How hard is it to wear a suit and a tie? Good lord. If that is such a burden, how can anyone expect you to bust your ass in other areas? Wearing a suit is hard? Hell, prepping for a trial is hard. Research is hard. Work is hard.

    It’s just a matter of discipline and respect for the profession. Not much of that anymore.

  3. Thanks for the comment, anon. I don’t know that anyone is saying that wearing a suit is hard.

    The times, they are achangin’; there’s no question about that.

  4. I will agree with the anonymous post about wearing a suit. Of course I think anyone who claims to be a “lawyer” shouldn’t walk into a courtroom without being properly dressed. Unfortunately, at least in Fort Worth, proper courtroom attire often means jeans and a polo shirt. I don’t think that’s right.

    On the other hand, I’m with you about the rest of the time. If I go into the office on a day I have nothing set in court, I’m usually in jeans and a t-shirt. Maybe even flip flops. Because it’s comfortable, and because if I’m comfortable, I can focus on what I’m doing. I’ll even meet with clients dressed like that. They’ve commented just as you did that I certainly not trying to impress anyone and that I must be pretty good to be willing to meet people like that.

  5. Maybe PL enjoyed wearing a tie on Sunday afternoon. Maybe PL was meeting, or had met a client and was honoring the client by getting dressed-up. I think we are reading too much into PL’s comment about Malum’s attire. Moreover, how did PL get to be a PL anyway? Did he wear sweat pants to his meetings with clients? I doubt it. Did he honor clients and show respect for them by dressing appropriately? I bet he did. Our dress reflects our attitude. Sometimes we just need to dress nicely out of respect for others.


  6. Maybe it’s just because I’m an undergraduate, but the few times I’ve walked into a lawyer’s office, I felt out-of-place and uncomfortable.

    If I were considering hiring a criminal defender, and a prospective attorney met me in a t-shirt and jeans (*especially* if it were a funny t-shirt), I’d feel much more at ease – and among other factors, my comfort level is an important consideration, if I’m to work closely with some person I’ve never met, who’s twice my age (or more), and depend on him/her to protect me in court. (Not that clothes alone determine my comfort level with an attorney.)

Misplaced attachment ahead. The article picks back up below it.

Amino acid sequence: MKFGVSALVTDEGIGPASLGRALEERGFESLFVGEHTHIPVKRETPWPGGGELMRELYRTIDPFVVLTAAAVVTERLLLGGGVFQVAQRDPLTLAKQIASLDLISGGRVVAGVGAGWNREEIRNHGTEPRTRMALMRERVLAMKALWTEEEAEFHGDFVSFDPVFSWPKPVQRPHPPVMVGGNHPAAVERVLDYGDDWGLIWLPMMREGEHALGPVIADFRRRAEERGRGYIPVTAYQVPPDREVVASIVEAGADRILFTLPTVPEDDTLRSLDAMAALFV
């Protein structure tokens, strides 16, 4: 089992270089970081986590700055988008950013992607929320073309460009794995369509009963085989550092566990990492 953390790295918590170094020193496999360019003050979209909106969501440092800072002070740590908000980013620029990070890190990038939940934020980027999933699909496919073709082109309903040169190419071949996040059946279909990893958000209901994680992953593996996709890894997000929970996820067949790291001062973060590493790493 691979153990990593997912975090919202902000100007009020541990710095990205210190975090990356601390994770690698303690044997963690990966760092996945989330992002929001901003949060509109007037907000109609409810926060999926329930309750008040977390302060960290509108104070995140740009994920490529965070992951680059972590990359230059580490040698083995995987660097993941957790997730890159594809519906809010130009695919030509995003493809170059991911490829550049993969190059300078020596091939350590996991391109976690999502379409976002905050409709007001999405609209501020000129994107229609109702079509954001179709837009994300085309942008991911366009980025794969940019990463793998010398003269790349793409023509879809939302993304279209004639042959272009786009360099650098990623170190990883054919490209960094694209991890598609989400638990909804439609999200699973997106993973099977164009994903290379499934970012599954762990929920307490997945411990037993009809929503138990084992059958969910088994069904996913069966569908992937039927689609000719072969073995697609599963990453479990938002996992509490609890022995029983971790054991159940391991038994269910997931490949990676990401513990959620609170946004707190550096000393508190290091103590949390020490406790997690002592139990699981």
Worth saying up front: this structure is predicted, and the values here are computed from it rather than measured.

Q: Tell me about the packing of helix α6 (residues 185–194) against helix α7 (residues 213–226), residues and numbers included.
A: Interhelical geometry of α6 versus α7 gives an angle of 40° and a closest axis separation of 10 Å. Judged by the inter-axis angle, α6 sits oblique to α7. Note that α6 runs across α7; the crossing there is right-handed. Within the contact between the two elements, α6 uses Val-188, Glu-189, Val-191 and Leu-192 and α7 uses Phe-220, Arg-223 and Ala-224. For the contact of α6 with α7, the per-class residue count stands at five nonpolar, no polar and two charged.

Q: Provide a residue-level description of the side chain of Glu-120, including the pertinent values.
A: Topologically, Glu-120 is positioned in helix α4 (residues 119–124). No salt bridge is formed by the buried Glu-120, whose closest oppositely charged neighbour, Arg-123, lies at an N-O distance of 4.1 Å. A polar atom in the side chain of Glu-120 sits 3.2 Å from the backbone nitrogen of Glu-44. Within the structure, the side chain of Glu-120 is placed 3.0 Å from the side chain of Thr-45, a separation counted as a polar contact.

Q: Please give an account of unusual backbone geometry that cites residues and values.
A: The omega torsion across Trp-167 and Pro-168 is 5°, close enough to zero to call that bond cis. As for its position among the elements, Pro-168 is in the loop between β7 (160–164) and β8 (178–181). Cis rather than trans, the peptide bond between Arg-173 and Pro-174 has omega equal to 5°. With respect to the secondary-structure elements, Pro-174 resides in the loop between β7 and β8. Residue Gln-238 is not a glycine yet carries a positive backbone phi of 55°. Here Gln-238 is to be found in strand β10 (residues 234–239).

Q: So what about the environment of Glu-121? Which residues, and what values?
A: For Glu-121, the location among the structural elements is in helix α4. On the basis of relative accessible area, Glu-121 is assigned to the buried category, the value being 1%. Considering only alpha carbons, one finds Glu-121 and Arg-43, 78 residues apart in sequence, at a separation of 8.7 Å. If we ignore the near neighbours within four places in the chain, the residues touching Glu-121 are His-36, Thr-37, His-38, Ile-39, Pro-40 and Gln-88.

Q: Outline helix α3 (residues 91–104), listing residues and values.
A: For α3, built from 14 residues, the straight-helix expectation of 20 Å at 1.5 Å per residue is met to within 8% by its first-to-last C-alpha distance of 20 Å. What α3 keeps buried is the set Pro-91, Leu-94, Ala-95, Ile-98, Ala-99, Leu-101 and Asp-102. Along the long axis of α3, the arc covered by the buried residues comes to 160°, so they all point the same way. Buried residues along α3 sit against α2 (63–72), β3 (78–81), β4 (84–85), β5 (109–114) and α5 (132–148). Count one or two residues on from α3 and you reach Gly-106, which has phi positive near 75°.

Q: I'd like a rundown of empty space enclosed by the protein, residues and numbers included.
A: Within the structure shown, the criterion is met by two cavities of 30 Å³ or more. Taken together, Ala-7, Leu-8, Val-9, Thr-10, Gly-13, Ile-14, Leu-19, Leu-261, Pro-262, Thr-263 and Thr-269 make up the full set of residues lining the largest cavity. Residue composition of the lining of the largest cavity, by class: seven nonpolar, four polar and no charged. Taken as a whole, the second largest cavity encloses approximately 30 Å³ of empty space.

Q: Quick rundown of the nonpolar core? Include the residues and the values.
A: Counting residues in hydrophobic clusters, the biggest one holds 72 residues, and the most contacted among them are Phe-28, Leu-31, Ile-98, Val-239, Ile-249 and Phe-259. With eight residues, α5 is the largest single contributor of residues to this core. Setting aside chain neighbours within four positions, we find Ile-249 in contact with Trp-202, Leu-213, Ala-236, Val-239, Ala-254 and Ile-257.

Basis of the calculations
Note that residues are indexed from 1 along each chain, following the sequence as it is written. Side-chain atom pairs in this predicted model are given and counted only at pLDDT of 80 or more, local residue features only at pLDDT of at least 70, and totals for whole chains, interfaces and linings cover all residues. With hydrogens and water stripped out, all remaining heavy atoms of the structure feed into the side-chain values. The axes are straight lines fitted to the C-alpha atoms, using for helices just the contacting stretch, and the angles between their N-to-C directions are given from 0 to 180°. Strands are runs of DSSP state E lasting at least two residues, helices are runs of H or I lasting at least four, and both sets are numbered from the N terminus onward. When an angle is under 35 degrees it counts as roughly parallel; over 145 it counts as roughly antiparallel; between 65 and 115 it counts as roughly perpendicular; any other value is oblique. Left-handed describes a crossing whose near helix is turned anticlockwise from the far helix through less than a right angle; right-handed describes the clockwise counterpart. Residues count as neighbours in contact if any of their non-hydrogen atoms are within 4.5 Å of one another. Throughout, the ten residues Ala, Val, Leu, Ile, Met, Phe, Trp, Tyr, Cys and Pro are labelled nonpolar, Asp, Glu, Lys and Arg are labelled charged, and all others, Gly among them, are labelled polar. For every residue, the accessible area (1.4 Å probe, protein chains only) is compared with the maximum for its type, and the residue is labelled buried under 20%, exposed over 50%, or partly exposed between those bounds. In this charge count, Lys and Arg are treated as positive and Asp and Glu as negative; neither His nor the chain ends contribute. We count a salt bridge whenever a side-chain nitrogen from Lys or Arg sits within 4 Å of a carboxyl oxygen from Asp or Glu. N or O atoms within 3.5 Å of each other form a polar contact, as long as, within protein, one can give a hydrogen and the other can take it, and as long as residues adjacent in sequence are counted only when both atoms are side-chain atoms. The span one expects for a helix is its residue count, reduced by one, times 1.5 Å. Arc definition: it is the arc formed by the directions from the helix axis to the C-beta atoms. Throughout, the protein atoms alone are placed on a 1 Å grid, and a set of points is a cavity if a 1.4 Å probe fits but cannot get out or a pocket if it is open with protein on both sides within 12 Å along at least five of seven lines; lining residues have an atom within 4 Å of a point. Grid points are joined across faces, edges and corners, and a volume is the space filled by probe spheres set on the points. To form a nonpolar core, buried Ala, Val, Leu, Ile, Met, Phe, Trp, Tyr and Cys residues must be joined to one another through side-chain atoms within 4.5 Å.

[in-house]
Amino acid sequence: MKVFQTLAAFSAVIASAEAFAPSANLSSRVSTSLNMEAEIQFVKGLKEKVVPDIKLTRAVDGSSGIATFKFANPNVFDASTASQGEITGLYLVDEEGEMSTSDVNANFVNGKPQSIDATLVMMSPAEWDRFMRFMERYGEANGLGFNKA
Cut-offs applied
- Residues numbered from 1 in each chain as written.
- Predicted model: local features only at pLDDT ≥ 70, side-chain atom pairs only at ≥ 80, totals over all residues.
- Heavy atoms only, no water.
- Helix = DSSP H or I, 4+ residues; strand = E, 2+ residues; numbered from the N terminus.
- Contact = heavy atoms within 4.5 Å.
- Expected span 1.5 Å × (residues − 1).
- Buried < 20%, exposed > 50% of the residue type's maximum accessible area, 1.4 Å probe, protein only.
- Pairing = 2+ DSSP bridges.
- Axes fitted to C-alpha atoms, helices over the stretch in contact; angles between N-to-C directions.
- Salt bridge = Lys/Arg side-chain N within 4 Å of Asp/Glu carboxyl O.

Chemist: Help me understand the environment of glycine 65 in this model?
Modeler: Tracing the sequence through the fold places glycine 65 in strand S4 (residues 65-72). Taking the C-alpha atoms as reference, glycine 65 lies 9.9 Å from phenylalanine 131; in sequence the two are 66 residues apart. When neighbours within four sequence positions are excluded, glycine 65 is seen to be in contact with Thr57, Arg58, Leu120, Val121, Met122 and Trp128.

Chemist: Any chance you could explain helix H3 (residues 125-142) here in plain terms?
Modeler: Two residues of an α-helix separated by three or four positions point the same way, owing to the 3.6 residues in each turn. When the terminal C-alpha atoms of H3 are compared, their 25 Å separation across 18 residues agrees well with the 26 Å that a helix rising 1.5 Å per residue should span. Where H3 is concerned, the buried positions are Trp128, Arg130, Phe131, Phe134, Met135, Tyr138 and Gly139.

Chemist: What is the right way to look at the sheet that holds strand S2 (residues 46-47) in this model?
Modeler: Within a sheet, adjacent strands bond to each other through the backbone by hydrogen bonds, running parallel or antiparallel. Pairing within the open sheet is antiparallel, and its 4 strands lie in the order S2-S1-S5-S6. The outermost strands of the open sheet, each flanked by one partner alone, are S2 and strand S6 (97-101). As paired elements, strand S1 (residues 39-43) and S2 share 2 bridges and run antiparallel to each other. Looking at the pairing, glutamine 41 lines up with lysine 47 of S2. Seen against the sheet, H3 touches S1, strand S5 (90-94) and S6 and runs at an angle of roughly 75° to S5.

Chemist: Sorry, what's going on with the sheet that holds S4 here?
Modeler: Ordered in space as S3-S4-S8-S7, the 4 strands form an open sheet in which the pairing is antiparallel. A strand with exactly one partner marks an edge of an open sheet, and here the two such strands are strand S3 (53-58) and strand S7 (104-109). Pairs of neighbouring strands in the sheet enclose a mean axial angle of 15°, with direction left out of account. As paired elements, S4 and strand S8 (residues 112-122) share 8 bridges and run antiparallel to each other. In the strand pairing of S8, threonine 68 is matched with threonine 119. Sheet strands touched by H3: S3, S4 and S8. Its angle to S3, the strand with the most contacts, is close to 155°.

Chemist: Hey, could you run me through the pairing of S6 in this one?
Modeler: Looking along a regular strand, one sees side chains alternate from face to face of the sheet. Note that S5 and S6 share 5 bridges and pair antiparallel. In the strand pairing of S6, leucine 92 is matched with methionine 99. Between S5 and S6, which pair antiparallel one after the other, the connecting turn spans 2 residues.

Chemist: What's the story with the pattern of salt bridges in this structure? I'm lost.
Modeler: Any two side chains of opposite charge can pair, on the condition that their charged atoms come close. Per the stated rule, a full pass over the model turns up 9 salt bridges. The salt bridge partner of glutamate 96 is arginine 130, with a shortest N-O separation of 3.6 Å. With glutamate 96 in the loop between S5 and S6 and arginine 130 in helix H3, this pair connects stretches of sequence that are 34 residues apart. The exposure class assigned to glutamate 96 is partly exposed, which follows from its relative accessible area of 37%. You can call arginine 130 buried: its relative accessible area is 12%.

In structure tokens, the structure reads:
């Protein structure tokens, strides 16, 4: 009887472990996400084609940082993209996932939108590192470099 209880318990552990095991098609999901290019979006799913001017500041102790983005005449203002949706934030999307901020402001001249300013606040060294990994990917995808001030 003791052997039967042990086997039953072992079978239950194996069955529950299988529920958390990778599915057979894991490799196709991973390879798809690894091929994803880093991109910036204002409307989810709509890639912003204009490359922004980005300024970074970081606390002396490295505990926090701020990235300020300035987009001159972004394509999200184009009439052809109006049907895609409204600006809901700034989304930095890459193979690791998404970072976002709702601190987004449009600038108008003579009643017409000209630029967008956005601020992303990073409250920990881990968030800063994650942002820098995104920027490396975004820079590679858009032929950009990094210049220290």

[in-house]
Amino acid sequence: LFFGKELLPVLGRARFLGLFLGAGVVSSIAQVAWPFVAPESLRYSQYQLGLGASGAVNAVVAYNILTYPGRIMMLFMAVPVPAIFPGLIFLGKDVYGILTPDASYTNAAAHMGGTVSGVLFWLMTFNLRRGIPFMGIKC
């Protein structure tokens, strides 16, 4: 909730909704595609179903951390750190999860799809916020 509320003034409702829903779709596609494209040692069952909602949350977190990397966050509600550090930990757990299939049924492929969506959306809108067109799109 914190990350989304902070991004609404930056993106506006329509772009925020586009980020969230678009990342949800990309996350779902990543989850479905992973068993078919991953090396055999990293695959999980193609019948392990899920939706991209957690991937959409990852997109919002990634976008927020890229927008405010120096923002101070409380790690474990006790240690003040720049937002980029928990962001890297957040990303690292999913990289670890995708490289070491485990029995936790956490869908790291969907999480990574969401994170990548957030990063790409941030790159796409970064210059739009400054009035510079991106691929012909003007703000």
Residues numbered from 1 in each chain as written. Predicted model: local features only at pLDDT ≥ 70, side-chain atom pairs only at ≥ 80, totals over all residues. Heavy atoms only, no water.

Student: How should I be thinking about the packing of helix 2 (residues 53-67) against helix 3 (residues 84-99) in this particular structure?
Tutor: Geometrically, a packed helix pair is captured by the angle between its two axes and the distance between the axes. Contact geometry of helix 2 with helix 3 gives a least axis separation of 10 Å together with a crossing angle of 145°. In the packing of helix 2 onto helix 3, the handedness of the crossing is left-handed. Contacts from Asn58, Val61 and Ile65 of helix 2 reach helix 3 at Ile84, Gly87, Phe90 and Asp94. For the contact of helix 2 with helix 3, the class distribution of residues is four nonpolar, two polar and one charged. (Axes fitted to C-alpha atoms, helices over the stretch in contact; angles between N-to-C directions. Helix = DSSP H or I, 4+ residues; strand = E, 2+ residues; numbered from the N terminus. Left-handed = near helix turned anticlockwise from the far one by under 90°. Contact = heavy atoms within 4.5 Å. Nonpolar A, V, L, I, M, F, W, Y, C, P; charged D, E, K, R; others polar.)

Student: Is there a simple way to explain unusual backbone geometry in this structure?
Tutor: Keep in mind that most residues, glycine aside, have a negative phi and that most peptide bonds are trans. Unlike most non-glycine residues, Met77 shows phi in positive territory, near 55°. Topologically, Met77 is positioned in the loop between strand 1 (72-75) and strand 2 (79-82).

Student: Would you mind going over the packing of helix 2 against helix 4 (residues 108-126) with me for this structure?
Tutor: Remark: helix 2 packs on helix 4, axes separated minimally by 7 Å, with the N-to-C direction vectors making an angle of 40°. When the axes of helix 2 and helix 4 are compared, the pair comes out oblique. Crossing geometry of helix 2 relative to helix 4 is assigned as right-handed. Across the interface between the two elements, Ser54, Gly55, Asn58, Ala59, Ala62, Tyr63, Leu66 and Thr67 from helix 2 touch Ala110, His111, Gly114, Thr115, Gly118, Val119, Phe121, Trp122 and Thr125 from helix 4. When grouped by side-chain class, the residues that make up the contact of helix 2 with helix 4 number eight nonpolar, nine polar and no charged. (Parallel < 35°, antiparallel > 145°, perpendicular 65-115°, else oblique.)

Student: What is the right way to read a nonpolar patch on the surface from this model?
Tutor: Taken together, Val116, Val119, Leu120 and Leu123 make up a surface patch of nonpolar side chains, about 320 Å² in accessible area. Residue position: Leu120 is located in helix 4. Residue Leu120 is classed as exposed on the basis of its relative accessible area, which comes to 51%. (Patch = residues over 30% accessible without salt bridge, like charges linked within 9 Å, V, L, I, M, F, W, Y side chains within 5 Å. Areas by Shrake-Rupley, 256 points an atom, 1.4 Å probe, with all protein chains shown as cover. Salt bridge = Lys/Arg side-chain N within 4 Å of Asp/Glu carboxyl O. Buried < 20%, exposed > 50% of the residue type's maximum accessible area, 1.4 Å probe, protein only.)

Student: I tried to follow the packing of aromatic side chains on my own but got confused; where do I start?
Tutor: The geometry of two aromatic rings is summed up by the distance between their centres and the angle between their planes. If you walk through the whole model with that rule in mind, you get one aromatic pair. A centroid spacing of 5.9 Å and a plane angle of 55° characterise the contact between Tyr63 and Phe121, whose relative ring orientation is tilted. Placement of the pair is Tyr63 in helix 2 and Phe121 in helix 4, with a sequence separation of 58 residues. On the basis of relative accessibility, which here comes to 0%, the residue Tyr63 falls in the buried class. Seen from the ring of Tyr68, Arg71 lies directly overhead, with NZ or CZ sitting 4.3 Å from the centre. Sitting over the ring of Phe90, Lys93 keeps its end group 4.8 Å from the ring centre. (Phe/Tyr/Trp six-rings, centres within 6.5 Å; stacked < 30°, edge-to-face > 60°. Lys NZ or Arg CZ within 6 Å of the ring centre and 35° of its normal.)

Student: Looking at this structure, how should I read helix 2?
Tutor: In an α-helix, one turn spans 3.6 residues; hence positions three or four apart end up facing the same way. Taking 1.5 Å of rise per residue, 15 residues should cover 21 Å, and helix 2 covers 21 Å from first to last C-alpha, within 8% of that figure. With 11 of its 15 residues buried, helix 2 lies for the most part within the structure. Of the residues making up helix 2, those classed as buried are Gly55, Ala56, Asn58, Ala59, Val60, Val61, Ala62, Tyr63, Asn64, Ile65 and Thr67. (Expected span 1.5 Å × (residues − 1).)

I certainly wouldn’t disqualify an attorney for wearing a suit – or even hold it against him/her. I just note that at first glance, there’s a substantial cultural gap between an undergraduate and an attorney, and clothing can be one way to help bridge that gap.

    Obviously, wearing a suit to court, or to Wal-Mart, are separate matters entirely. And not that I’m encouraging anyone to go overboard – shirt/shoes are still required (flip-flops are 100% acceptable, Shawn).

  7. Thank you all for the comments.

    Stephen, if he liked wearing a tie to Walmart on Sunday afternoon, why would he “envy” Malum?

    We should, of course, show respect for our clients, but I think that there are much better ways to do it than to wear Zegna in the office.

    Other Steve, I appreciate your perspective. In our business, making the clients feel comfortable with us is, I think, a more important goal than just making them feel respected by us. (Though the latter is part of the former — they won’t feel comfortable if they don’t feel respected.)

  8. In his book, Win Your Case: How to Present, Persuade, and Prevail–Every Place, Every Time, Gerry Spence says…”We ought to be consistent in who we are. A guy who drives a pickup truck and wears plain clothes in the courtroom ought not be wearing a rolex. Creditbility is often founded or lost on small things.”